©2017 John S. Mbinda

Wednesday, March 15, 2017

Third Sunday of Lent Year A

Readings: Exodus 17:3-7; Romans 5:1-2,5-8; John 4:5-42

Transforming people one at a time is at the heart of God’s plan for the world. The story of the Samaritan woman in the Gospel is a concrete example of how God transforms people one at a time. Lent is a season when we encounter God who not only thirsts to transform us, but also God who satisfies our spiritual thirst. This is evident in the Gospel from John which very effectively uses the symbolism of water and thirst, leading us to scrutinize our own spiritual thirst. Let me first tell you a true story.  One morning in 1888, a man was shocked to read about his own death in the obituary. It was an error. However, he was even more shocked to read in the newspaper about himself as someone who had found new ways to kill people and became rich from doing so. It was true; he had invented dynamite. That morning he decided to change and devote his energies in a new direction, to work for world peace. He left most of his estate after his death to fund the Nobel Peace Prize. That man was the Swedish Alfred Nobel.

I tell this story because Nobel, on reading a shocking story about himself, decided to change. Similarly, the Samaritan woman in the Gospel was shocked to discover that Jesus knew about her private life and her brokenness. That led to her own self-scrutiny. When she confessed that she knew the Messiah, Jesus then reveals his true identity to her. “I who am speaking to you... I am he”. On hearing this, she accepts the water of life that Jesus is offering to quench her spiritual thirst.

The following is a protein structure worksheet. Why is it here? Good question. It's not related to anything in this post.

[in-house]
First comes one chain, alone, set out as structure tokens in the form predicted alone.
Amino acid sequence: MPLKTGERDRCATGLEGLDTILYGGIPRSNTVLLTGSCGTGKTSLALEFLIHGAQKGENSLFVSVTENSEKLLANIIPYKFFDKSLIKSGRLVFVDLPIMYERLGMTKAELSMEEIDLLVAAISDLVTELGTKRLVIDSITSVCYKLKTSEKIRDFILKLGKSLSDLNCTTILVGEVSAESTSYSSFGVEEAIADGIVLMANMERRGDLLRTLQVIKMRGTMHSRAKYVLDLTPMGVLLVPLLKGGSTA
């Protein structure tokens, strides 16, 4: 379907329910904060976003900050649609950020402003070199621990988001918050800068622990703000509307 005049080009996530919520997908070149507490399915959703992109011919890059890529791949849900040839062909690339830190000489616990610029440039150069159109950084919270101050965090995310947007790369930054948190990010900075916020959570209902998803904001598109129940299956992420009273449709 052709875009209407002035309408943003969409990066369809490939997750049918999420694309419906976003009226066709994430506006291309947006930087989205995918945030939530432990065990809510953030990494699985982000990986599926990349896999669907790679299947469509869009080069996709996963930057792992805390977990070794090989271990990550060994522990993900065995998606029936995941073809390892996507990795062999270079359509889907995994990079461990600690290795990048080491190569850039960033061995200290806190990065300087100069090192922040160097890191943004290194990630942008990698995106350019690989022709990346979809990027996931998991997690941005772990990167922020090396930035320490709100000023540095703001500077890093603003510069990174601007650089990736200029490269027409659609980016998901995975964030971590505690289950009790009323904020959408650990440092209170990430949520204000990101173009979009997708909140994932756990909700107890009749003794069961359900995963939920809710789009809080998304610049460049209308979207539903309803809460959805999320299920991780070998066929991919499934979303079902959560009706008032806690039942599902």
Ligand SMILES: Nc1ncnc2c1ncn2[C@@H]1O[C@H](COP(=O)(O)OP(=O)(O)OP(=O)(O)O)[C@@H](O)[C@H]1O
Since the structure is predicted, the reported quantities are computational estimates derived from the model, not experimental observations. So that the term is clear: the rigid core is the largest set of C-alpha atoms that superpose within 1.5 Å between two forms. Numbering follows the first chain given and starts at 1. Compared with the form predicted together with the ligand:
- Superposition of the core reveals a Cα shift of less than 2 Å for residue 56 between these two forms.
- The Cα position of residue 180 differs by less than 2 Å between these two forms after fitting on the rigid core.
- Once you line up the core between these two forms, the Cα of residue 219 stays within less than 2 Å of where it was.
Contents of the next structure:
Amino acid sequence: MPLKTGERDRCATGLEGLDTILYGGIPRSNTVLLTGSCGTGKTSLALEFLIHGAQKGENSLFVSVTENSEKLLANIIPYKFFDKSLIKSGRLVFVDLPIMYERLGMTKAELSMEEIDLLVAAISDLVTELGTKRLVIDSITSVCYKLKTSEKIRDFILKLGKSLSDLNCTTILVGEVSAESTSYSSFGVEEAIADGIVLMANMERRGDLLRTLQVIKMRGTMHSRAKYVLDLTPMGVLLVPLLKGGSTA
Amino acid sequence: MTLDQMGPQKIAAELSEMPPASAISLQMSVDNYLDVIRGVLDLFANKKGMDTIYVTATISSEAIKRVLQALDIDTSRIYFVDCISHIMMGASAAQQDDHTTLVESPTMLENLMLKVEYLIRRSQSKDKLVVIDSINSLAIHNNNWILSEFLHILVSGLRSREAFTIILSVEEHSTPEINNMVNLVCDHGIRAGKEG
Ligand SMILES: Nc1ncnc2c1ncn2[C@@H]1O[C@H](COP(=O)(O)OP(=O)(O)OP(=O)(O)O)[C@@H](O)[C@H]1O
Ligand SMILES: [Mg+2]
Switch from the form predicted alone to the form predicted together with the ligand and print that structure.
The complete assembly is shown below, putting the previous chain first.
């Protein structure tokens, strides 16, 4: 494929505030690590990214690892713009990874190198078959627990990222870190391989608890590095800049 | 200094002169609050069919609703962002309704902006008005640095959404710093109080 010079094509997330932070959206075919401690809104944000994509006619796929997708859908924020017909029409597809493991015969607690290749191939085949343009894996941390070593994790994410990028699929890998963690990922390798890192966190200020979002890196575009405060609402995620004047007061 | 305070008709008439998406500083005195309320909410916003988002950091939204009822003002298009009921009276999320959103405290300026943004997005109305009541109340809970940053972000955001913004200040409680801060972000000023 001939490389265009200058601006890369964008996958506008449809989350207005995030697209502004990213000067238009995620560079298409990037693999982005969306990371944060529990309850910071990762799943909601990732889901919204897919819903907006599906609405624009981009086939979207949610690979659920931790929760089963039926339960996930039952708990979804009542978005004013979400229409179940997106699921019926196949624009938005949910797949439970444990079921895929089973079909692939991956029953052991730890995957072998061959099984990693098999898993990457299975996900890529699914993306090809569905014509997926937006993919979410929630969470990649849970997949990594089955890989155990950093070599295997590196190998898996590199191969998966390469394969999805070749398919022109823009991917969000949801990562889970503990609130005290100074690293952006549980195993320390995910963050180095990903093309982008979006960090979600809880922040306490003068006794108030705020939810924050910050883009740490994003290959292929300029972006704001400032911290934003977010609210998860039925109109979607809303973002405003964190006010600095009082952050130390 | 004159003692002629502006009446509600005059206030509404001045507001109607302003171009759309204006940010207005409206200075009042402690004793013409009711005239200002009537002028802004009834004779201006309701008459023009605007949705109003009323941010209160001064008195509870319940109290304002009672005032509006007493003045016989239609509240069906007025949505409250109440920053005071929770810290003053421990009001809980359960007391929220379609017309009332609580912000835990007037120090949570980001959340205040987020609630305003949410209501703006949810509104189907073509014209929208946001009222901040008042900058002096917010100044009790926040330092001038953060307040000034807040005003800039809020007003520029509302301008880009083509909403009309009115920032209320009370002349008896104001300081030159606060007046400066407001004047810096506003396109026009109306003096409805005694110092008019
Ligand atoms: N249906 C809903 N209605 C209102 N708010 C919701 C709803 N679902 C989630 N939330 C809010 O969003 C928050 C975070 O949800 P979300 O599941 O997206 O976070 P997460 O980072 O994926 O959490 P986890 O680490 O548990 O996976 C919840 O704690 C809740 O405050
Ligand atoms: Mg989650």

The Samaritan woman in the Gospel becomes aware of her own brokenness; her spiritual thirst and accepts the water of life that Jesus offers to quench her spiritual thirst. This woman who first came for a jar of water, now leaves the jar at the well and becomes a disciple and a messenger sent to her village where she tells her people: “Come and see”, come and see the person who has changed my life! This story was so convincing that the entire village came and saw and invited Jesus who stayed with them for two days!

You and I like the Samaritan woman have come to the well and encountered Jesus, who has told us everything about us. He has offered us life-giving water; he now challenges us to accept his offer and change our lives. As we celebrate the first of three Scrutinies with the candidates for Baptism, the readings invite us along with the candidates to reflect on our lives and so discover our need for conversion.

The message we take home is threefold. 1) Like the Samaritan woman, this too is our day to encounter Jesus at the well, leading us through our self-scrutiny, conversion and transformation. 2) We too have discovered our thirst and need for the Water of Life. 3) At the end of the Mass today, like the Samaritan woman let’s go out and announce the good news that Jesus whom we have encountered at the well today has transformed our lives.